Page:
The Red Threads of Fortune by J. Y. Yang was great: a unique fantasy world that's just deep enough to be alluring but not so deep as to be off-putting. Yang's queer protagonist falls in love with a non-binary person, who uses they/them pronouns, which is going to be an automatic boost for me, as it's nice to see non-binary representation in SFF. For once, and this is incredibly rare, I'm reviewing a book that's "in the news" so to speak, or at least making waves right now as we speak. I won't bother people with a long history of SFF's aversion to queer identities outside the safe heteronormative locus of thought (Delany being the apex exception) but I will link my readers to "An Open Letter With Respect to Reviews Published on Rocket Stack Rank" (here) and Rocket Stack Rank's response to the Open Letter (here). The crux of it is that this established apparatus of criticism was docking marks for use of the singular they pronoun, the use of which is a) linguistically established and, more importantly, the everyday texture of people's lives. I won't be mounting a defence of the singular they because who the fuck cares. But I am interested in how Rocket Stack Rank's apology leans less on mea culpa and more on nitpicking the particulars of the accusations. Ultimately, their apology is an attempt at damage control ("look, we're not all transphobes here!") and luckily for me, I had never heard of Rocket Stack Rank before (I'm, admittedly, out of the loop with regards to contemporary SFF). Over at the generally gross File 770, commenter Arifel sums up my thoughts on the subject quite eloquently:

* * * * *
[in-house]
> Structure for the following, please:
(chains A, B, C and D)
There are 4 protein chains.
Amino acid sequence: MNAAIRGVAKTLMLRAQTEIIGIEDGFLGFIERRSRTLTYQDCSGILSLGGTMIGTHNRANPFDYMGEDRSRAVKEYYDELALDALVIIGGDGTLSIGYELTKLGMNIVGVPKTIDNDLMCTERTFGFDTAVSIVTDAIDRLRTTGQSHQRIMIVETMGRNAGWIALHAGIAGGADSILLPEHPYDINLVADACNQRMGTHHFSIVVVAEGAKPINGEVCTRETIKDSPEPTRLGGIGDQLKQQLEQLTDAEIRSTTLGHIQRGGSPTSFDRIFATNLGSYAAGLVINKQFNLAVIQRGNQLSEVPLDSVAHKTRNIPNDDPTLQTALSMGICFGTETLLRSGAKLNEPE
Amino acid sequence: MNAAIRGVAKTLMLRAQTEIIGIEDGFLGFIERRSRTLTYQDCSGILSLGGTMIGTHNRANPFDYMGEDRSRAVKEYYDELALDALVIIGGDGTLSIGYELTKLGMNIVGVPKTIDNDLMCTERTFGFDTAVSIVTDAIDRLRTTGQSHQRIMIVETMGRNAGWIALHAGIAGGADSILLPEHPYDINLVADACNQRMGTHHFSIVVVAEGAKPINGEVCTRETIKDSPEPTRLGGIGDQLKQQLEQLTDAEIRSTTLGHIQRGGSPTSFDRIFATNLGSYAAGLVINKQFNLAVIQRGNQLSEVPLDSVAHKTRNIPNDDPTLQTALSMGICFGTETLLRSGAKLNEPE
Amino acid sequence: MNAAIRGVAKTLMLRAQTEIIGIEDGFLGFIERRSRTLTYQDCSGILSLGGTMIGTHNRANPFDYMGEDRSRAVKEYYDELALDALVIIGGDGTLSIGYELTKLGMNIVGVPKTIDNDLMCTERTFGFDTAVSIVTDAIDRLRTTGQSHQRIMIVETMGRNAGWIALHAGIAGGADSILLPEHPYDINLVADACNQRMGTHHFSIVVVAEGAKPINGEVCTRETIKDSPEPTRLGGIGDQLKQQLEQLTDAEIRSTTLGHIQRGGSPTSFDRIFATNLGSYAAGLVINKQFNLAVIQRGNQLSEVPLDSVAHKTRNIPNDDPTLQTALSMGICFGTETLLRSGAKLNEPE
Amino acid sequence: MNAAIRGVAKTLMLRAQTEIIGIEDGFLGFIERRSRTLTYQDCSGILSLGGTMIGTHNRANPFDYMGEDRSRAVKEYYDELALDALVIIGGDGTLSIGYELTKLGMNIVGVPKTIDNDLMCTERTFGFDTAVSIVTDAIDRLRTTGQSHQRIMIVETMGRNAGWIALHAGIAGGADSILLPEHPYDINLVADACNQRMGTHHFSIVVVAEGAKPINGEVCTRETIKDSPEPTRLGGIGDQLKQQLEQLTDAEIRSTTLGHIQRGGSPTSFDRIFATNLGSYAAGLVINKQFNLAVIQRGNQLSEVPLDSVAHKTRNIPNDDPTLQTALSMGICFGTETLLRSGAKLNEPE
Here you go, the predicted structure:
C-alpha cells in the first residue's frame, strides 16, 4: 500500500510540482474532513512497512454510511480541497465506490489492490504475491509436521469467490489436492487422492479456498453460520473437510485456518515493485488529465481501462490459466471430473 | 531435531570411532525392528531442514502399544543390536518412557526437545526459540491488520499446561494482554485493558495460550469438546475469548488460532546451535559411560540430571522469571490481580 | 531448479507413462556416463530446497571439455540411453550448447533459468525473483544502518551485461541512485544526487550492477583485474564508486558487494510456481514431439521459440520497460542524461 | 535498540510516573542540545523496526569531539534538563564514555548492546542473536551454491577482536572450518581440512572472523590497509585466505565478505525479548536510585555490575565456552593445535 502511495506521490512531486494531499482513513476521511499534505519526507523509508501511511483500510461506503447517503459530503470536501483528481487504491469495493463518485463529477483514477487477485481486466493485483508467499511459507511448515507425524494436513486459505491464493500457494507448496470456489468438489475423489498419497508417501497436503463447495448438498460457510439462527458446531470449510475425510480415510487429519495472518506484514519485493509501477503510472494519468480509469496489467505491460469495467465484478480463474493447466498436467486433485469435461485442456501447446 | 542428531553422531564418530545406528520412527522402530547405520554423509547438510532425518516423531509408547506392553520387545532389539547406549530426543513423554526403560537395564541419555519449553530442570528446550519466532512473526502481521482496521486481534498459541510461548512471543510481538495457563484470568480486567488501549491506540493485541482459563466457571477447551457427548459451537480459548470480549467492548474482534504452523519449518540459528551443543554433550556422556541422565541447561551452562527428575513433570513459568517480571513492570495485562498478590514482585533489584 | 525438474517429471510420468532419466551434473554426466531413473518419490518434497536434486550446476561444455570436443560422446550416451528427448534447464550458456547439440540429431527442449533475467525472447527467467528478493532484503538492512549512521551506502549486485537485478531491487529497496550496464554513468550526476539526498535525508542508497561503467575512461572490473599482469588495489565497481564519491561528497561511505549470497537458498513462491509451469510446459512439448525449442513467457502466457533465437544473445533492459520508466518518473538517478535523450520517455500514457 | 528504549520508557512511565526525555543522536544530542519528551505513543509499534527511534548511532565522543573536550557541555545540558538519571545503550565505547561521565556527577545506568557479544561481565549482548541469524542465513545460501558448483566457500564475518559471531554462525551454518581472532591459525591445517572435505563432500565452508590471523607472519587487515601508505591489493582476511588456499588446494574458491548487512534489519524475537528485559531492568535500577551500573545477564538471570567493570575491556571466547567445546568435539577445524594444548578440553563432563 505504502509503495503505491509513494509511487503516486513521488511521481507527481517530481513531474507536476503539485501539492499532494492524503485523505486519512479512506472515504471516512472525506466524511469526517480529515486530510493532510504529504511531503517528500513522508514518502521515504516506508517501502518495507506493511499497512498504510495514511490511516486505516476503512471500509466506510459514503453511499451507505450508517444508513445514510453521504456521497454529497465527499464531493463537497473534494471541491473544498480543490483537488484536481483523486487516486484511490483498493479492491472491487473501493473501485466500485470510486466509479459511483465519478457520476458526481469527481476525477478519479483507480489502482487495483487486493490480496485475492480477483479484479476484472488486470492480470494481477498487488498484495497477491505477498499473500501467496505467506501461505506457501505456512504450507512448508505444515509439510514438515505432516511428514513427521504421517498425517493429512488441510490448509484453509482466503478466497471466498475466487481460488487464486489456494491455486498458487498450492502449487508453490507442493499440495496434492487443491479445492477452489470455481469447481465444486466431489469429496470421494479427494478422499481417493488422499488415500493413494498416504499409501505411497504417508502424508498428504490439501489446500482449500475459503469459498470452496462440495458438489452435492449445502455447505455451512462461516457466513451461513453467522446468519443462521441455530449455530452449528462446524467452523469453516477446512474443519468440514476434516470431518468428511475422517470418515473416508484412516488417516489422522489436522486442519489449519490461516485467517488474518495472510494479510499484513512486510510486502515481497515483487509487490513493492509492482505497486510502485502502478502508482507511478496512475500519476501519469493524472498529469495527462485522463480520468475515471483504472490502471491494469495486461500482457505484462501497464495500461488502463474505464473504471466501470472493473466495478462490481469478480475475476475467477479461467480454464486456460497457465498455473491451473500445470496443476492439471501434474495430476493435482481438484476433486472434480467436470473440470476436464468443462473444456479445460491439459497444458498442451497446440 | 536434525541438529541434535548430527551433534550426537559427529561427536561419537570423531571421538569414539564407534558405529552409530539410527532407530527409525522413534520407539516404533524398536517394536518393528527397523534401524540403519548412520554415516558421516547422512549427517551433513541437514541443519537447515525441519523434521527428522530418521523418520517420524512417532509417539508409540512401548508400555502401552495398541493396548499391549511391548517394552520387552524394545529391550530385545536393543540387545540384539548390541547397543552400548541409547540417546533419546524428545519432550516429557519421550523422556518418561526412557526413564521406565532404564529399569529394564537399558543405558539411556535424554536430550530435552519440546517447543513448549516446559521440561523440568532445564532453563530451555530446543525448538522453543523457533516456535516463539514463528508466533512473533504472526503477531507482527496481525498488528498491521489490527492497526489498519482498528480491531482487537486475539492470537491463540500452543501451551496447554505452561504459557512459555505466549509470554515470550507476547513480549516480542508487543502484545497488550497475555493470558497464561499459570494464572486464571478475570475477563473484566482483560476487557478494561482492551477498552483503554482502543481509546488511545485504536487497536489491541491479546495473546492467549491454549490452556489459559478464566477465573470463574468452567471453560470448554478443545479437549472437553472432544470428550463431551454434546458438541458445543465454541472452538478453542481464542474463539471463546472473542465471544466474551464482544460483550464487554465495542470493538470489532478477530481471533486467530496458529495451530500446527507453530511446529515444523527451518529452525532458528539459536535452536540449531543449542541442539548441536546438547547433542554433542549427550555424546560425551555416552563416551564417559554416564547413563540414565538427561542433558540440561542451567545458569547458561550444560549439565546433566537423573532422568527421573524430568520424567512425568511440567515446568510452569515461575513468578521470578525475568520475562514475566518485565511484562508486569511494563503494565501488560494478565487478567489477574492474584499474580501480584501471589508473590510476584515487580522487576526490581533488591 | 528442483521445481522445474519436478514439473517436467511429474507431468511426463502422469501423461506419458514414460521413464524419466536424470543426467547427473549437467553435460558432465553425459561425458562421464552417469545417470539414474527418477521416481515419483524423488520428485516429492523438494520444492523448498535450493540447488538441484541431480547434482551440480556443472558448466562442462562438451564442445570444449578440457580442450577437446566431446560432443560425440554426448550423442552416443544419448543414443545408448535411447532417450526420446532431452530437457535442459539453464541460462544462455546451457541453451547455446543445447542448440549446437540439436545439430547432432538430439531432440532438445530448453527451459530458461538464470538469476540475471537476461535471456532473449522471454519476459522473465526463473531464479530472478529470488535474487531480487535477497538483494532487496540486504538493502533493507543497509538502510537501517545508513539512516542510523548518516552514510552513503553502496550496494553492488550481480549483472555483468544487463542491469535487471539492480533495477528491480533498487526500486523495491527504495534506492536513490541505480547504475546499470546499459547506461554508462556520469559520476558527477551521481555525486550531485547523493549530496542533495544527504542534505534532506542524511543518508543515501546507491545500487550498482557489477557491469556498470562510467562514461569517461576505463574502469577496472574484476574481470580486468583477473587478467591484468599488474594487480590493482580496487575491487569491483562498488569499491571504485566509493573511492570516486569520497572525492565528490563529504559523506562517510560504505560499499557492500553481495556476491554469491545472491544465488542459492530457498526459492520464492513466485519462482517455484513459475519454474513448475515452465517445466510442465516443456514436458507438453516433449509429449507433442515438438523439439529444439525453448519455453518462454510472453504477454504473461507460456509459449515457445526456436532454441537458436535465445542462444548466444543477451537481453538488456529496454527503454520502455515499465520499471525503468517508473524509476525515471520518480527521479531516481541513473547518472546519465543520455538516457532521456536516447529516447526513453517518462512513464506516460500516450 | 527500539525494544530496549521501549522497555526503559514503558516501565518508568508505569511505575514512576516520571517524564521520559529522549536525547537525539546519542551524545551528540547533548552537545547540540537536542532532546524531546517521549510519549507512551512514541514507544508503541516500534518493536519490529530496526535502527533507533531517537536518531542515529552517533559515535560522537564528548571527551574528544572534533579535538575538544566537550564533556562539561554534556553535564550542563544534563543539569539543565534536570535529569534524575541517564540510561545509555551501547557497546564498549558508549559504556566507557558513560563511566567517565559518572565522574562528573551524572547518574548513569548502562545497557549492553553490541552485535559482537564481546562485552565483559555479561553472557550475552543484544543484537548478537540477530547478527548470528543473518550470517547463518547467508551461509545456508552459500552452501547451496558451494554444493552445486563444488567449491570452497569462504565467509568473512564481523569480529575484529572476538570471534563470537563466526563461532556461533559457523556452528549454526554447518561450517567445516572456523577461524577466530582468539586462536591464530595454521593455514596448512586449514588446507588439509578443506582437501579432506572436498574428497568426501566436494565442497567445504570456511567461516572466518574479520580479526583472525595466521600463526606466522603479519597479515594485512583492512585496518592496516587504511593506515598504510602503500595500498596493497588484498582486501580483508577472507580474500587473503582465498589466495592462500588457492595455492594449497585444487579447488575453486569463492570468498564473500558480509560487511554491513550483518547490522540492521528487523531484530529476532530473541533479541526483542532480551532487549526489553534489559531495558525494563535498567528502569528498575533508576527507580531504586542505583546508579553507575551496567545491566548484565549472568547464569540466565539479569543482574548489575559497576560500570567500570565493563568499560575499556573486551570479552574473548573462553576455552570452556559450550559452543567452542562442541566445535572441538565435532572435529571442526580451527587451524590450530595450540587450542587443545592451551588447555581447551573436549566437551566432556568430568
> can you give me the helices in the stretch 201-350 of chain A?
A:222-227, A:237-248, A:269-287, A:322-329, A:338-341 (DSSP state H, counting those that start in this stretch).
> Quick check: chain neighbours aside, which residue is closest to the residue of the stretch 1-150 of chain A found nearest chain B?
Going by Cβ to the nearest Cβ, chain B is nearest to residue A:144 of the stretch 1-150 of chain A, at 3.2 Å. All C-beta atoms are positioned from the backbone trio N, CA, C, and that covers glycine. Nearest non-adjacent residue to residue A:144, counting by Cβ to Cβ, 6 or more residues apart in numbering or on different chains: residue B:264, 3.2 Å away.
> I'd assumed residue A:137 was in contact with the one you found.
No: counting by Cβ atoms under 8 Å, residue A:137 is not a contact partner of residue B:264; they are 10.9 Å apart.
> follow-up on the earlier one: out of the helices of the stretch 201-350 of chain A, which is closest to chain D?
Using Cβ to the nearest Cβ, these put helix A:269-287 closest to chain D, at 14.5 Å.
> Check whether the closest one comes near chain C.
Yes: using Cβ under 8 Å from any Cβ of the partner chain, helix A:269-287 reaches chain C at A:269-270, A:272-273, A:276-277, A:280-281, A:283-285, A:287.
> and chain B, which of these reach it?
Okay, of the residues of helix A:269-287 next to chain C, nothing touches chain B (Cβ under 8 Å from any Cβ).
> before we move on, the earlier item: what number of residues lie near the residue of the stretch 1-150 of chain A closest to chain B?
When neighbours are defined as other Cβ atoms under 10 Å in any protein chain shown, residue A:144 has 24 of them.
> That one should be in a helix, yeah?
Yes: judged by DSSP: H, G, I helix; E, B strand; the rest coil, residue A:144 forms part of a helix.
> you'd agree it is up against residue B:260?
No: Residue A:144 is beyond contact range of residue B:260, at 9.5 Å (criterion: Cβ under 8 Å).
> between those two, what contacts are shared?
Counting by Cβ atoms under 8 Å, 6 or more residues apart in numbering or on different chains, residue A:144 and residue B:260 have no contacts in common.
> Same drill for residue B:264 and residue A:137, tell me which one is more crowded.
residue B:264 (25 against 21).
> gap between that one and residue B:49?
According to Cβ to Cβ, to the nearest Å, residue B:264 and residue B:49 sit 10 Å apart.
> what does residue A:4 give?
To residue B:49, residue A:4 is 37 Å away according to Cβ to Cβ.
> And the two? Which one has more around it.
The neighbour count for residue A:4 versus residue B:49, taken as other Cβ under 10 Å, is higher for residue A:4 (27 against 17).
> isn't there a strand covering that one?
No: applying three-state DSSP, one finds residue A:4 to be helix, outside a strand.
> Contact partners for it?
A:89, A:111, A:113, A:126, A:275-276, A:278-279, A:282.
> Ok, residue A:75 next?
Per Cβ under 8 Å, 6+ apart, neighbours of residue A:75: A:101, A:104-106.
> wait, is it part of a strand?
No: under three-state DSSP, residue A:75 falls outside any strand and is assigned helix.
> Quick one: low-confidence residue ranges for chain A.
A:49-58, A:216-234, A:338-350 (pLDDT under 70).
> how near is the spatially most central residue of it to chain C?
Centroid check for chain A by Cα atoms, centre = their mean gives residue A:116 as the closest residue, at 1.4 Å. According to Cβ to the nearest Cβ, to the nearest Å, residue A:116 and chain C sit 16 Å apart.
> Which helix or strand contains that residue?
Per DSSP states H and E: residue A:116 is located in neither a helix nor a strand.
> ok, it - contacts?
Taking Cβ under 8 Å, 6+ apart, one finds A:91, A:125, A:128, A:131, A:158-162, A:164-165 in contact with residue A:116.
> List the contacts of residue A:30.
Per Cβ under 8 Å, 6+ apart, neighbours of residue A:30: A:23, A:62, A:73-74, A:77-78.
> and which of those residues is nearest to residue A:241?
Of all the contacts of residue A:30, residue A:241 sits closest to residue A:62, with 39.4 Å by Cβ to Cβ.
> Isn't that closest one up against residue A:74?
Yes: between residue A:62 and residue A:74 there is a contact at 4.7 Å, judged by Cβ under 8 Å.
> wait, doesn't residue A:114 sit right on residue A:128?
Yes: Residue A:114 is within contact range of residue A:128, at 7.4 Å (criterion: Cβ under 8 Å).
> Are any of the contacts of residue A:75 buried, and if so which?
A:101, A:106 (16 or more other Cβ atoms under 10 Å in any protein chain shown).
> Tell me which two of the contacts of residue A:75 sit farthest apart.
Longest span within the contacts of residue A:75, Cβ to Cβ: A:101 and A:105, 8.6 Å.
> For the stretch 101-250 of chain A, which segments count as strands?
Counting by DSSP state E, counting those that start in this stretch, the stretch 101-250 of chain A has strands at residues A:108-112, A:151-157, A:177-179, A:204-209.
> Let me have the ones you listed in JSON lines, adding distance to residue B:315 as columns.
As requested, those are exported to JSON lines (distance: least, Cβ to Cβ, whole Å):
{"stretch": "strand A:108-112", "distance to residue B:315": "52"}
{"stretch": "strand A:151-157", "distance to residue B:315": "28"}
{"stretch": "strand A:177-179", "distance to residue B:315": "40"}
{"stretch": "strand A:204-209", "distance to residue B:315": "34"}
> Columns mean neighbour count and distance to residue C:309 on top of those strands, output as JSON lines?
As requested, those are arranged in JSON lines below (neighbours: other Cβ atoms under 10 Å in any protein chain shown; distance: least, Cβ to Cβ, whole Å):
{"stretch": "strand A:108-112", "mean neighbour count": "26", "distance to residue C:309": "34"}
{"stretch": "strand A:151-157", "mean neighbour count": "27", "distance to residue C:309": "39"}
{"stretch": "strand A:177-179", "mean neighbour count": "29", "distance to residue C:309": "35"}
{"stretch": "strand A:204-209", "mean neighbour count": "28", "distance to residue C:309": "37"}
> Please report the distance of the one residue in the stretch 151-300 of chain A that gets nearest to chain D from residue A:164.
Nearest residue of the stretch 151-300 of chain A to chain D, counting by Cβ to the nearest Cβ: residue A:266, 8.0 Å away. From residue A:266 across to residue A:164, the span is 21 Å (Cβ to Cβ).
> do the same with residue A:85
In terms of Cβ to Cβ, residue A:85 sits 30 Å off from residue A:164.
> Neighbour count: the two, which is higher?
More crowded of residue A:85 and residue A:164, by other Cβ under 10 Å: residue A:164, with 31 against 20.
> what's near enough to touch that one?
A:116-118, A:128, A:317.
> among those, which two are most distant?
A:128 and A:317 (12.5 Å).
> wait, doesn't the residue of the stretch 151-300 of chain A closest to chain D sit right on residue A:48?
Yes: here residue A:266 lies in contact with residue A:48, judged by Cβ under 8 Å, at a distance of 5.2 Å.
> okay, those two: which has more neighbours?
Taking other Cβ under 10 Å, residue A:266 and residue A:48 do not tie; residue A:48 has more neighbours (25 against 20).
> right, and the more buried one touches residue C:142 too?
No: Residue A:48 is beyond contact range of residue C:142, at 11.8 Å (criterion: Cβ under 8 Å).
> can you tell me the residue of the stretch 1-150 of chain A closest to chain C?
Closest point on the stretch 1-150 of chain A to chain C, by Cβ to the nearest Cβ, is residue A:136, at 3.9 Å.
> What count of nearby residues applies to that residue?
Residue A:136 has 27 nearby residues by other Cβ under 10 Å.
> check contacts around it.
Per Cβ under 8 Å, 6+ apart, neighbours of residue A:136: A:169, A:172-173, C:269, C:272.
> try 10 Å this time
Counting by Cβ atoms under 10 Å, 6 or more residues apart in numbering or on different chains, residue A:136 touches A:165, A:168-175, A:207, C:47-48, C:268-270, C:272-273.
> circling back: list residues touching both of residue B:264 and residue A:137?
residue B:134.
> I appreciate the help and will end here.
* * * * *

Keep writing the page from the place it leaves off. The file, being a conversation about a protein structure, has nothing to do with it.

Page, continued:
the really fundamental thing to me here is that this isn’t some detached, debatable linguistic issue for a lot of people; it’s their identity. Treating it as the former and then forcing people to defend their existence against the Chicago Manual of Style (or whatever other historical authority about grammar you want to cite) is horrible behaviour, and at the very least precludes someone from writing an “objective” review site about SFF in 2017...